Mrs D: Anything else you’d like to share?

Patti: You can read more about me and my journey on Thrive Global, on my blog site, or my website.

 

 

In other news … I will be a part of a free online summit this month that might interest one or two of you:

How-To face a Devastating Diagnosis or the anxiety of “What If”…

This Online Event will be nurturing and informative:
Here are some of the topics to be covered:

  • How someone outlived her Doctor’s diagnosis by 20 years
  • How-To let pain out instead of numbing it.
  • How-To empower yourself when facing a devastating diagnosis
  • To move through emotional pain with confidence
  • How-To face future fears after a diagnosis
  • Strategies for emotional freedom
  • Why creativity is powerful

The summit begins on July 13, lasts for 5 days, and ends Friday July 17. 

Each interview is about 30 minutes, packed with helpful information. You can join me on Thursday July 16.

I hope you can join us. Reserve your spot now!

 

I’ll close with an informative talk about addiction by one of my favorite addiction specialists – Dr Gabor Maté

I’d love to hear your thoughts about what I have shared. It’s always a bit awkward being so visible . . . so feedback is always appreciated!  And as always, thank you for taking the time to visit.  I appreciate it.

A Tale of Two Countries

“It was the best of times, it was the worst of times, 

it was the age of wisdom, it was the age of foolishness,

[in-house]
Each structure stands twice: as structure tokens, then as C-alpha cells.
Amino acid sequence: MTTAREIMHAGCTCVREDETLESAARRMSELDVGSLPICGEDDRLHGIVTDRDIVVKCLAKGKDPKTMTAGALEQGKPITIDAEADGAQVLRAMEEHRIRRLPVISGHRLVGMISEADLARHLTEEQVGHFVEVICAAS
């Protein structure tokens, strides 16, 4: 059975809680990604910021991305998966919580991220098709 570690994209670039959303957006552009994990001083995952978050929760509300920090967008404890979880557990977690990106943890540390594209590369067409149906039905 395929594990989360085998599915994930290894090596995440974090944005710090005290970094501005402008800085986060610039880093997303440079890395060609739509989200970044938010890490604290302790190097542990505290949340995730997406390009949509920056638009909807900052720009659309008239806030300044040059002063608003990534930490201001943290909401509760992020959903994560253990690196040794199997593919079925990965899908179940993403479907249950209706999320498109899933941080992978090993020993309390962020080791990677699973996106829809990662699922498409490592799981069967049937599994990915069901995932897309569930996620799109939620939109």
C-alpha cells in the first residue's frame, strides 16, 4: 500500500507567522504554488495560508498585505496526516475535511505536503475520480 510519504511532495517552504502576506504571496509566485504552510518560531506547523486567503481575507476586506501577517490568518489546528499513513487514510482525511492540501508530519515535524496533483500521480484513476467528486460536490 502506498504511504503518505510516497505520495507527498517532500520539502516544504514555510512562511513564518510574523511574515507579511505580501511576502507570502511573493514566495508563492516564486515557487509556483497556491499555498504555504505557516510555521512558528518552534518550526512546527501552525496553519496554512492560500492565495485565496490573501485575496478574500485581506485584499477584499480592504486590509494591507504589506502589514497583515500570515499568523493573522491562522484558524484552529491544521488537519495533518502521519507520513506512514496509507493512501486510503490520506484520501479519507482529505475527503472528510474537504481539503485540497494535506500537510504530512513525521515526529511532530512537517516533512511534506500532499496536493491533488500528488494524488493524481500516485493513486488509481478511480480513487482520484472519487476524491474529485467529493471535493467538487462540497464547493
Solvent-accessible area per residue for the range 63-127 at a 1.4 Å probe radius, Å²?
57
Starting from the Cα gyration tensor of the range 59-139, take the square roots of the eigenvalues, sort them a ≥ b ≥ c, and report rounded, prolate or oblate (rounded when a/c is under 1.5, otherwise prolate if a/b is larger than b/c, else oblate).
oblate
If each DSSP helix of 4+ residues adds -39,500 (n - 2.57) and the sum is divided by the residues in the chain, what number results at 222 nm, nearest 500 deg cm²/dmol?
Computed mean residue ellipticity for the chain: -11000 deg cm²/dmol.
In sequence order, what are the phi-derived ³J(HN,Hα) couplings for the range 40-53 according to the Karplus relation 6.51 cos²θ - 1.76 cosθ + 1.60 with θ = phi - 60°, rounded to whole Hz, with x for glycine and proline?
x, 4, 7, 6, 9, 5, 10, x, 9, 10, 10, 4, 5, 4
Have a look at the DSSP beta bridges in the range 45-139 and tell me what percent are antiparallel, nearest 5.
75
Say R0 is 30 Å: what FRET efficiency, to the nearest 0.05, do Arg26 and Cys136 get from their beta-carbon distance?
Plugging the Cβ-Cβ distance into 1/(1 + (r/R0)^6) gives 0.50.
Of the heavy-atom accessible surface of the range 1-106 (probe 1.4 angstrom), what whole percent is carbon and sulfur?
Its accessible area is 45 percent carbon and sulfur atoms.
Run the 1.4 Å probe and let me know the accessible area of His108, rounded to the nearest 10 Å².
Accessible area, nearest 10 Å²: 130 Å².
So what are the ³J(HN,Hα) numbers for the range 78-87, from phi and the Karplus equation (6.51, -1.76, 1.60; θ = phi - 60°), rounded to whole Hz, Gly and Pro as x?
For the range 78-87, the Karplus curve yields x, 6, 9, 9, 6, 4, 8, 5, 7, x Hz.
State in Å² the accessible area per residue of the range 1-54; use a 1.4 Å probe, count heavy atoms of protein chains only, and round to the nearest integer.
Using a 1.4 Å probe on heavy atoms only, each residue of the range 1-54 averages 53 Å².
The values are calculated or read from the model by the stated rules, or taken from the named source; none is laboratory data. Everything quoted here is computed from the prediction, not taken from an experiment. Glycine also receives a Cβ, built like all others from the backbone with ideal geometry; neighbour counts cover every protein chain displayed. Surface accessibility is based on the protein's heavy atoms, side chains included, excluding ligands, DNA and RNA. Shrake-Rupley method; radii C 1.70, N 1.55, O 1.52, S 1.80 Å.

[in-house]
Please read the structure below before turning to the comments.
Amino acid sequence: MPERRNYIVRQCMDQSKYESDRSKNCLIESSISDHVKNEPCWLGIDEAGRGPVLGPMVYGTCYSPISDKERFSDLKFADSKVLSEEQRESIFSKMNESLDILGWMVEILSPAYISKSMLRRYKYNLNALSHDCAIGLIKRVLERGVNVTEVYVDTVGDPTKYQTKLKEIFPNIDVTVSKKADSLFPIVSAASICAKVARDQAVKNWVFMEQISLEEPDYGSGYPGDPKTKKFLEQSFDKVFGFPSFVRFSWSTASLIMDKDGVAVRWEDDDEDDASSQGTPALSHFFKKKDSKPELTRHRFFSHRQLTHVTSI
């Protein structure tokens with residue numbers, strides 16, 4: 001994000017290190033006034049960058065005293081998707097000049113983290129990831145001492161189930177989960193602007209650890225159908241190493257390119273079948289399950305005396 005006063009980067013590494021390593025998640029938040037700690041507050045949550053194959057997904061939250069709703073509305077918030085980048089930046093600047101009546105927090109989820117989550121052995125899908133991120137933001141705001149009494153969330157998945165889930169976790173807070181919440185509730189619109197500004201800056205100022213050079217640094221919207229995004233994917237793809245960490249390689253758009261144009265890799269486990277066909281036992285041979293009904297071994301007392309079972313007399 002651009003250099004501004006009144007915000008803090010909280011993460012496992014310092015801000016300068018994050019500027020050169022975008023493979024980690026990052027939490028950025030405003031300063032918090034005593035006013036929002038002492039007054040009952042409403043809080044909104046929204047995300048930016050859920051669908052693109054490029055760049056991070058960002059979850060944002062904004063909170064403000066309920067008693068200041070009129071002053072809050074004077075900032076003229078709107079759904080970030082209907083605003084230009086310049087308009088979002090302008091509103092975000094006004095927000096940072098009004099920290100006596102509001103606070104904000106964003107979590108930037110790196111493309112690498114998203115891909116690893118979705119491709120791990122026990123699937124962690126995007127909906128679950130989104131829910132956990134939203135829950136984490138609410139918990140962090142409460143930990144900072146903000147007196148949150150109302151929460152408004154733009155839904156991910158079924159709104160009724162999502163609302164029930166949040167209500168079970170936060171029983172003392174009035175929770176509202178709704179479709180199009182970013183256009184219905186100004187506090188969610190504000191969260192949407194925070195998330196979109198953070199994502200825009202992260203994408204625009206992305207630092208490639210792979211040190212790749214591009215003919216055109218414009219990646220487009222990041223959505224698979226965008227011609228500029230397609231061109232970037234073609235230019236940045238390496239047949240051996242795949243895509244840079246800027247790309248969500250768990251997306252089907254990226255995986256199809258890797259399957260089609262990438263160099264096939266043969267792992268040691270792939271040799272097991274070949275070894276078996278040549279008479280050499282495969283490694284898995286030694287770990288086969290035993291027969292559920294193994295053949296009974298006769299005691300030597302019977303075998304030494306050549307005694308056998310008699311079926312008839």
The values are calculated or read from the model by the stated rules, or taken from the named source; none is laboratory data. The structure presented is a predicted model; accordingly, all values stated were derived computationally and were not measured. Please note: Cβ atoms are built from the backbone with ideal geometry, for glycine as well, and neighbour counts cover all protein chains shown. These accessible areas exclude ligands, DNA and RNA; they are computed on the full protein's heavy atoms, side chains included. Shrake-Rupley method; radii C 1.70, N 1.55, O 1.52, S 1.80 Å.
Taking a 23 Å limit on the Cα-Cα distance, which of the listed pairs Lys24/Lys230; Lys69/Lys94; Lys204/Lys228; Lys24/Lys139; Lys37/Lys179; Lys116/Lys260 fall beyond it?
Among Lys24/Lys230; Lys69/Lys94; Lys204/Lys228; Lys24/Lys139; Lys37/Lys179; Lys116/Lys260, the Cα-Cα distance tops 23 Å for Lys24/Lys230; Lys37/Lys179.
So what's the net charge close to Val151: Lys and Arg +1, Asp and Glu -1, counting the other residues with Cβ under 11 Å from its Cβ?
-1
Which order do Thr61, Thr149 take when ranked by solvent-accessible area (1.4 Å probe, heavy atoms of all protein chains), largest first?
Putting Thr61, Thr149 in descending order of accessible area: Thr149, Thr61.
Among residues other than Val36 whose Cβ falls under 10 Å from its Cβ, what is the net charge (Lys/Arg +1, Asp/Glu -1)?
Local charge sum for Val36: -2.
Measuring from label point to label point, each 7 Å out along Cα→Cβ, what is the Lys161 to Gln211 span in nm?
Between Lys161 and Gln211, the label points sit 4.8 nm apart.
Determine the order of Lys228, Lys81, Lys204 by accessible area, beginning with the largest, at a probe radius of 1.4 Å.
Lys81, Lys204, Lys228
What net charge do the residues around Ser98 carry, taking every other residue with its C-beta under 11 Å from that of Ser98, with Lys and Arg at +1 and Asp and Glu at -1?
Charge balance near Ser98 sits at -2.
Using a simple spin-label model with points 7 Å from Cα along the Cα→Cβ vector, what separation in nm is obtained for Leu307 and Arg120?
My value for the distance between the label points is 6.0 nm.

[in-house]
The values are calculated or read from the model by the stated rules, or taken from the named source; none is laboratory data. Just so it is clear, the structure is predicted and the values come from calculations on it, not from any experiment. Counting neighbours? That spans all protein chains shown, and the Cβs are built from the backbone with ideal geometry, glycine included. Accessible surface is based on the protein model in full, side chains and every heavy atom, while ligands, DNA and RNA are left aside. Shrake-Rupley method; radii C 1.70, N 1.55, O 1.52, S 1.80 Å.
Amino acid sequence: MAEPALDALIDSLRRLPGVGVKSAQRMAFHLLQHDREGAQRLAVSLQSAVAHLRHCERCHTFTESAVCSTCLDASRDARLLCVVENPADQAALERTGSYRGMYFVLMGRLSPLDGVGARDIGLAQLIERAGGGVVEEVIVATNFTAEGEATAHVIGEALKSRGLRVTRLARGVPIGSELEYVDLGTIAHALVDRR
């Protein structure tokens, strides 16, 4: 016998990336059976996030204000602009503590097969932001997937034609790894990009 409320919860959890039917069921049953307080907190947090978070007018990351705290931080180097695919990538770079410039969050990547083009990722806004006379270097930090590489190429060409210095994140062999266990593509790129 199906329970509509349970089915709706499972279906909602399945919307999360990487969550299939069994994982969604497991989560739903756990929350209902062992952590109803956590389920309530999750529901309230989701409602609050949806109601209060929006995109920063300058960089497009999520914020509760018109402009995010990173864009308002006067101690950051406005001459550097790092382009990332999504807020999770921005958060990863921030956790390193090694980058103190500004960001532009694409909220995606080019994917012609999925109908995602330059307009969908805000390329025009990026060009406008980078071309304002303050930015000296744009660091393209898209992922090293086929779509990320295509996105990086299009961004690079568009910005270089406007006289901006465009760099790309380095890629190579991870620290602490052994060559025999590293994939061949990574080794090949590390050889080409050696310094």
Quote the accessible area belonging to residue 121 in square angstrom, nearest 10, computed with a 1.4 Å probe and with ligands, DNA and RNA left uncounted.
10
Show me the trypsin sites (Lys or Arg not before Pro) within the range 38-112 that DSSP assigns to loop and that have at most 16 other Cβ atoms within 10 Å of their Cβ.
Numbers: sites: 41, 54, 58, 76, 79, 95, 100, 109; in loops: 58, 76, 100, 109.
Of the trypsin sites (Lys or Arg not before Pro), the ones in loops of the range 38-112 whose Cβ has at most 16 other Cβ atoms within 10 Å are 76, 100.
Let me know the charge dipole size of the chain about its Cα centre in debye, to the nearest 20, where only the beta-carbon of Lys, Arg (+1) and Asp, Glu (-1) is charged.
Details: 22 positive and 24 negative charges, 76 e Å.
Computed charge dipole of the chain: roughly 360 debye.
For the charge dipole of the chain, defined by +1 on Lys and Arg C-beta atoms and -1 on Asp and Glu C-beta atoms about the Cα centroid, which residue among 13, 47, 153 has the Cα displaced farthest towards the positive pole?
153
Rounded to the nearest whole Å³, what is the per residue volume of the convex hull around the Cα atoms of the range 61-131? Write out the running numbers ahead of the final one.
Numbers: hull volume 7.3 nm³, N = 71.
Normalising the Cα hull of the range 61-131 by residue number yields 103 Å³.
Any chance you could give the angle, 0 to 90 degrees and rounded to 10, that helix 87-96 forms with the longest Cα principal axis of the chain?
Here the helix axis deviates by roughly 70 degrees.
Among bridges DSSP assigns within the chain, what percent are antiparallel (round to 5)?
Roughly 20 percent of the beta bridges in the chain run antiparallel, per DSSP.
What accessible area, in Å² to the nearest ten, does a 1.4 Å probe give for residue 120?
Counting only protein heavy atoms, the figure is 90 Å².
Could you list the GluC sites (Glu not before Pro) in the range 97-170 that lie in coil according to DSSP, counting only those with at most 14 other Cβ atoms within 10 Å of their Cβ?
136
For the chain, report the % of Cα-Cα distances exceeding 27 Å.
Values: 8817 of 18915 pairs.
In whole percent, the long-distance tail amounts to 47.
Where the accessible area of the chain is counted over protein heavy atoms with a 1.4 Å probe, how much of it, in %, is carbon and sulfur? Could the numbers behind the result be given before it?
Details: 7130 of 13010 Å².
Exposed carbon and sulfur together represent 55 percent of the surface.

it was the epoch of belief, it was the epoch of incredulity, 

it was the season of light, it was the season of darkness, 

it was the spring of hope, it was the winter of despair.”

— Charles Dickens

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I’m not unbiased. I would never claim to be. I have made my views clear on every occasion. And with dual citizenship in The US and New Zealand, I believe that I have a right to make a comparison between these two countries. And in the middle of Covid-19, the differences between the two are stark. I think it is obvious that the main reason behind how these countries are emerging from the pandemic is the difference between the two leaders …

‘The age of wisdom, the age of foolishness… The spring of hope, the winter of despair.’

I sought information from as many different sources as possible:

News sources from the US, from NZ and internationally…

And almost unanimously, from mainstream, established, internationally respected news sources, the Prime Minister of New Zealand, Jacinda Ardern, has done a stellar job in handling this crisis; whereas the President of The United States, Donald Trump, has done a dismal job.

… Although for the sake of transparency, I did not go to Fox News where an alternate reality exists… As I said, I never claimed to be unbiased.